“The saints, too, had wandering minds. The saints, too, had constantly to recall their constantly wandering mind-child home. They became saints because they continued to go after the little wanderer, like the Good Shepherd.

Peter Kreeft, Prayer For Beginners


Life is available only in the present moment.

–Thich Nhat Hanh




[October 20, 2022]

Matthew is teething. It’s got to be one of the toughest of growing pains a young body and mind can endure. Tiny bones are beginning to protrude, announcing their presence with tears and frustration. I cannot take away the pain, I cannot reason with him that this will all be OK. I can only calm him and offer solace in embraces, soothing voicings, and distractions.

The poor kiddo was chewing on a balled up fist in my arms the other day, cheeks wet with tears, as I held him in my left arm and fumbled with my right to open the refrigerator door and retrieve a small plate that held his chilled Nuby rings.

Door opened, plate retrieved, and baby balanced, I was winning Working Dad Honors in my ego for my efforts when –

“Whoops …”



Matthew had zigged, my arm had zagged, and the plate plummeted to the floor with an alarming velocity and terrific clamor. Shards of polar white ceramic bloomed outward across the linoleum.

No one was hurt at all, but the noise seemed to echo on, and on, and on.


There’s an old story about a student who goes to his teacher asking about enlightenment and the practice of the Great Way. It’s a short story:

Student: “How do I practice and attain enlightenment?”

Teacher: “Have you eaten your breakfast yet?”

Student: “Yes.”

Teacher: “Then wash your bowl.”

As the story goes, the student solved life’s big riddle on the spot, and attained the enlightenment of the Buddhas.


I did not solve any riddles right there by the fridge. But I did console Matthew for at least 10 minutes until he regulated his breathing and his color returned to normal.

Then I carefully swept up the broken pieces and threw them in the garbage.

For some strange reason, there was a tiny air of completeness to simply meeting his needs first, dealing with the broken stuff second. For the first time all day, I wasn’t thinking about what I needed to do, where else I could be, what happened one, two, a hundred days prior, or what next week might look like. I stopped ruminating over that little irksome behavior from someone, I put aside my glee about possibly buying a new pair of shoes, I dropped my worries, plans, ambitions, hopes, and projects.

For the first time all day, I was here.


It’s hard to just be here now. It’s hard to sometimes do the one thing that the universe puts in front of you at a time and says, “Hey! YOU. Do this! All that other stuff can wait because this is the priority! Singular!”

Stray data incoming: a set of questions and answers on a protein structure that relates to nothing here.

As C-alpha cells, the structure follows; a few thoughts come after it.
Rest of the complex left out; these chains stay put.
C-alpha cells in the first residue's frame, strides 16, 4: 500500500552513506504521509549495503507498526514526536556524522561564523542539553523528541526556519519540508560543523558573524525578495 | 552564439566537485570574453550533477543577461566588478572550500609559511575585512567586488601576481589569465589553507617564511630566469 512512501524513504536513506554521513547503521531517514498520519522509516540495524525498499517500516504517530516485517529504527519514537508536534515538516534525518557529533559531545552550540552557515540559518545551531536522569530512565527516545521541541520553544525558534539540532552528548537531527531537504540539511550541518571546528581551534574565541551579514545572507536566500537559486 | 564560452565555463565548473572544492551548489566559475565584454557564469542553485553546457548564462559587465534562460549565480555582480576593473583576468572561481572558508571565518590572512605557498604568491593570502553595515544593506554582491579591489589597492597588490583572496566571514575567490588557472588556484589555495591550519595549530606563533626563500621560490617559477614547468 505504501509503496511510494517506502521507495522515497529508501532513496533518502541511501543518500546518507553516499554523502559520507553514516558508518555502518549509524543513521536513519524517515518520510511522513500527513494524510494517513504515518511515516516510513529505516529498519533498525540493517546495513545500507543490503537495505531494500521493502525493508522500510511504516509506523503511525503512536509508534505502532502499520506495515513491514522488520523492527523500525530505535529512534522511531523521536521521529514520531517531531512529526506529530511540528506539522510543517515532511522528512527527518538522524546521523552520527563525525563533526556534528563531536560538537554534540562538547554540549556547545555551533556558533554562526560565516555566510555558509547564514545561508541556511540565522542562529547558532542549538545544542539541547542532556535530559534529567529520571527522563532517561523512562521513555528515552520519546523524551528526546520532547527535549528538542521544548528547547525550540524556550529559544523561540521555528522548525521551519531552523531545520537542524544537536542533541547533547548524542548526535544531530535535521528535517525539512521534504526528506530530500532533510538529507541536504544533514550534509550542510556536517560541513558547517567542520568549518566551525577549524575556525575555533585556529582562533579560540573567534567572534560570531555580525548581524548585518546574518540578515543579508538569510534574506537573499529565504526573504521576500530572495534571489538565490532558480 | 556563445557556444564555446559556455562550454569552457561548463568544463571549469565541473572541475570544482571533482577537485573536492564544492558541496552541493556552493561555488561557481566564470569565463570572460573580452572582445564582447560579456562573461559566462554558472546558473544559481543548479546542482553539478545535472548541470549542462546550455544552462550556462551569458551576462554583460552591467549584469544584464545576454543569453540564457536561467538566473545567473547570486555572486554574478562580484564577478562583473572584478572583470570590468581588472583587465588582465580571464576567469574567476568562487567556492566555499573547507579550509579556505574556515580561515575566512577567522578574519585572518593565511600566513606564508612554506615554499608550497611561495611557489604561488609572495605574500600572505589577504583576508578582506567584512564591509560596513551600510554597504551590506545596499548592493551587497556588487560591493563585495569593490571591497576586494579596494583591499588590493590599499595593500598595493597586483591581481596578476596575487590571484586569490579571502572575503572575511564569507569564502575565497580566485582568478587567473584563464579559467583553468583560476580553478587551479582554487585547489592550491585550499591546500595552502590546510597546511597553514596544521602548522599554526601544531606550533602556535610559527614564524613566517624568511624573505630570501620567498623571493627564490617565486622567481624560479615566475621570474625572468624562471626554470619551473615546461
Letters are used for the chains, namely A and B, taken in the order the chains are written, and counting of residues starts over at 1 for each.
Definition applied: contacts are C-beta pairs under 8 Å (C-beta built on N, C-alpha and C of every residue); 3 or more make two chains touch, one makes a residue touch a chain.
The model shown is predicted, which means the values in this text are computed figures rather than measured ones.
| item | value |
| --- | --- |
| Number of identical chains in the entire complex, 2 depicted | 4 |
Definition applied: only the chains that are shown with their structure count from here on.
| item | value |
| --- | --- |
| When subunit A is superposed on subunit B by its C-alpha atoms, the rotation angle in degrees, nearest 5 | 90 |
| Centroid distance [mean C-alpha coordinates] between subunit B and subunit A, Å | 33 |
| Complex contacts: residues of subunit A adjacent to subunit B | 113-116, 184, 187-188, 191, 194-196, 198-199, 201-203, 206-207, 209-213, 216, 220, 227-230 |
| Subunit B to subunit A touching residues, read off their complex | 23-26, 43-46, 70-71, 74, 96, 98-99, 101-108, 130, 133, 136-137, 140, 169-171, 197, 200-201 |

It’s sometimes easier when it’s a dramatic situation. A smashed plate and a screaming baby, for example, will steamroll over whatever other frothing mental chatter is simmering in your brain.

And I’m thankful for it. Sometimes we need dramatic examples to snap us back into the present – the only “now” that exists, our true home, as the monk Thich Nhat Hanh repeatedly counseled.

Most people think modern life moves pretty fast. I can’t help but agree. There’s an acceleration to almost everything, and lures and hooks to snare us in our efforts to try to be everything, to everyone, everywhere, all at once, past, present, and future — even if we’re only doing it inside our own little heads.

The ability to conceive of and plan for our future days is a real gift we have as a species. And a studied and sincere ability to reflect on the past is healthy.

But too much, and a person can dilute their concentration, energy, and ability to respond in the present, tending instead to a seemingly endless barrage of stimuli, real and imagined.

As the writer Joshua Fields Millburn has said – when everything is a priority, nothing is a priority.

That’s helpful when you can’t get your thoughts to calm down, to walk in a line, to take a number, to wait to see the one available clerk in an orderly and democratic manner.

And at that particular right now, the baby needed his daddy. That’s priority, singular.

As Ram Dass elegantly put it: “Be, here, now.”

Simple, but surely not easy. At least sometimes, you get to stop your chatter, or a fog lifts, or a plate drops and a baby cries and — oddly — you just take one step, then another, then another.

Of course, I hope I don’t drop anymore kitchenware soon. But I do hope to be able to carry that momentary and fleeting focus into the future with more regularity – with body, speech, and mind in something closer to oneness, with less flailing and distraction. Even if it only lasts long enough to sweep up the trash and fetch the Nuby rings.

As Thich Nhat Hanh reminds his students:

I have arrived
I am home
In the here
And in the now
I am solid
I am free
In the ultimate I dwell.

After all, where else could we possibly be, if not here, now?

What perfect timing!




More stories:


“Feed People”

“One Big Mistake”

“Rock Tumbler” 




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